Having found a perfect niche for himself at Voith Hydro, where he has been spearheading the company’s sizzling expansion into Southeast Asia and Africa in recent years, Ravinder Kalra believes he is in the right place at the right time. He has worked in the hydropower sector for the past 13 years and facilitated the commissioning of over 50 projects. Before that, he enjoyed a distinguished career as a marine engineer with the Indian Navy for 21 years, during which time he won two commendations from the chief of naval staff and the Director General Quality Assurance Organisation.
After a fulfilling time in the navy, full of camaraderie, professionalism, discipline and fun, Kalra decided to leave the navy and move to the hydropower sector. His first job was with a multinational hydro company in Faridabad. Later, he joined Voith Hydro, and was intrigued by the company’s astonishing longevity – 150 years old, never any change of name, owned continuously by the same family that is now into the fifth generation, and run by professionals.
Kalra looks after a total of 350 personnel working on large and small-hydro plants. Given the difficult milieu of many of the countries where they work, the company takes pains to ensure that their working conditions and commute are safe.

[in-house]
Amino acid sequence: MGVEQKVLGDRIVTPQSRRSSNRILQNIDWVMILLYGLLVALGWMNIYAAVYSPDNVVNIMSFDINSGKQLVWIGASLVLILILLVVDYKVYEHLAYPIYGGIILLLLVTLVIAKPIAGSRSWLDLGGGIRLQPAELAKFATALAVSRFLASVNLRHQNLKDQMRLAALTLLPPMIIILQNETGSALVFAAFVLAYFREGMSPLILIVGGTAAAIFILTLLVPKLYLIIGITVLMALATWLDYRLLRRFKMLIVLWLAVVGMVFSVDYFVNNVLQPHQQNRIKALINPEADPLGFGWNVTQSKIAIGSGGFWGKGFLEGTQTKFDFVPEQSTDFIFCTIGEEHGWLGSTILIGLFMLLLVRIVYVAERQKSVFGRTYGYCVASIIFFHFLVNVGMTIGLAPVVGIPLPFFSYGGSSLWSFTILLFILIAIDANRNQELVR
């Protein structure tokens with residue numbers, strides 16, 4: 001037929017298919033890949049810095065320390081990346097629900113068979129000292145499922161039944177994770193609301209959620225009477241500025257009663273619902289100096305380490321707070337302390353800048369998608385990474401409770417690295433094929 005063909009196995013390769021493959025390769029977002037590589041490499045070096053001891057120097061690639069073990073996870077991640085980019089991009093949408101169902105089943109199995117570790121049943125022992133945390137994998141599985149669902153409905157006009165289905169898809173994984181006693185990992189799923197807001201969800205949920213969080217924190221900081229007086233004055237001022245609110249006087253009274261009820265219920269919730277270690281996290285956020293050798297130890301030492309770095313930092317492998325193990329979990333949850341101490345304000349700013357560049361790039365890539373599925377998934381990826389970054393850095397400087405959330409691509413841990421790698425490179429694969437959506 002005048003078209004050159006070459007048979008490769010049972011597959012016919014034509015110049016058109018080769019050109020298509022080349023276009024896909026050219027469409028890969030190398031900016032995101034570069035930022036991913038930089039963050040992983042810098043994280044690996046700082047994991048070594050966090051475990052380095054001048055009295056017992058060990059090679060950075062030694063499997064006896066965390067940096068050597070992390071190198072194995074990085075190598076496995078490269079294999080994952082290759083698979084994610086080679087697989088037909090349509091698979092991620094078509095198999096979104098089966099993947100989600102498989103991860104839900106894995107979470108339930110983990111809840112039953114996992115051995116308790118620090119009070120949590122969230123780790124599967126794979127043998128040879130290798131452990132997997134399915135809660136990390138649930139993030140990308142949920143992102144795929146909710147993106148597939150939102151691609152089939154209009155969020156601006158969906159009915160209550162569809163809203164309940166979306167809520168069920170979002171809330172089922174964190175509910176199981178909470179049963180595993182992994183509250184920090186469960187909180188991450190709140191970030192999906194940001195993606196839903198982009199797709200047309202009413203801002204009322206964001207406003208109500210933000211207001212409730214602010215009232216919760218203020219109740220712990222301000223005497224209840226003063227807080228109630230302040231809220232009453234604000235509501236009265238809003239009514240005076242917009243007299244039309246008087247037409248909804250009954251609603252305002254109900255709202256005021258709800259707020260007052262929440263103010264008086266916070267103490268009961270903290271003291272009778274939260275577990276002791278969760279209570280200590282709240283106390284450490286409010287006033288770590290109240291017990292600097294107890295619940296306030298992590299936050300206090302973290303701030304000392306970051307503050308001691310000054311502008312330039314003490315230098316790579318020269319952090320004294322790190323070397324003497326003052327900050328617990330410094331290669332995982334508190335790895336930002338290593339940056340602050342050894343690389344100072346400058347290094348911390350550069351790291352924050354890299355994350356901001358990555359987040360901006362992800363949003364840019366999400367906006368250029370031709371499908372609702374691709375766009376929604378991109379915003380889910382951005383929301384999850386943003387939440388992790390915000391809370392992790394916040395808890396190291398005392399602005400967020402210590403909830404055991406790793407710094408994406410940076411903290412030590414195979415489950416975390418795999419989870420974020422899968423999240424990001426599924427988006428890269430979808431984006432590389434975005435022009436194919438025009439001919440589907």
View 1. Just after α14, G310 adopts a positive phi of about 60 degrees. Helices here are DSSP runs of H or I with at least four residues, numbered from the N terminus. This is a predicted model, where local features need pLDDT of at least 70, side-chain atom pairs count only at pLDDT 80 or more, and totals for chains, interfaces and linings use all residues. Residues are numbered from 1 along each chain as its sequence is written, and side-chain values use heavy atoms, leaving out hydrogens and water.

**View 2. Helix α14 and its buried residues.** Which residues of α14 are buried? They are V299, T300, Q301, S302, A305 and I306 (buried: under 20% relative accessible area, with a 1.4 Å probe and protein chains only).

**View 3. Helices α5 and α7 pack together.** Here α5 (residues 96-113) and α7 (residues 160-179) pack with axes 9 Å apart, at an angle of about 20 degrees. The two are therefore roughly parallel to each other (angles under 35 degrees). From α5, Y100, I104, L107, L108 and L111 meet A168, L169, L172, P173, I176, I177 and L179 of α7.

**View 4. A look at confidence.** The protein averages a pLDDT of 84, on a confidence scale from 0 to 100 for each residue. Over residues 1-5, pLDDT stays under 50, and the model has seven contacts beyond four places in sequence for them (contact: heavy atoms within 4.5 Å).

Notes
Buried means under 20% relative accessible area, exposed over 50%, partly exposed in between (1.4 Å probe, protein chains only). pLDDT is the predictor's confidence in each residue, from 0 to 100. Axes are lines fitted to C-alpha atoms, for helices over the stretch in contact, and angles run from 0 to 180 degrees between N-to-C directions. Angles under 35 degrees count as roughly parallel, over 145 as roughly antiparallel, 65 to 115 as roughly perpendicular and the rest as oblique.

Kalra strongly believes that the development of pumped storage plants is an inescapable requirement given the development of solar and wind energy in India. Pumped storage plants are the natural batteries of the world that can store a few GW of energy from the grid during the day when solar is running to full capacity and pump the energy back to the grid during the evening peak hours.
He is eagerly waiting for the government’s new hydro policy. He says the categorisation of all hydropower as renewable (projects of more than 25 MW capacity) will go a long way in reducing the cost of hydropower. Simplification of the various clearances required for hydropower plants would also be welcome. “The way I see it, we need to tackle energy poverty in the same way as we tackle poverty – with focus and determination,” he says.
Every day for Kalra begins with a long commute because home is in Faridabad, where he lives with his family, including his parents, with whom he spends some time every evening. Kalra’s energy levels are high and he likes to keep his body in good condition. Wherever he goes in the world, he packs his trainers and swimming gear. His solution for stress is simple: “Go for a run.”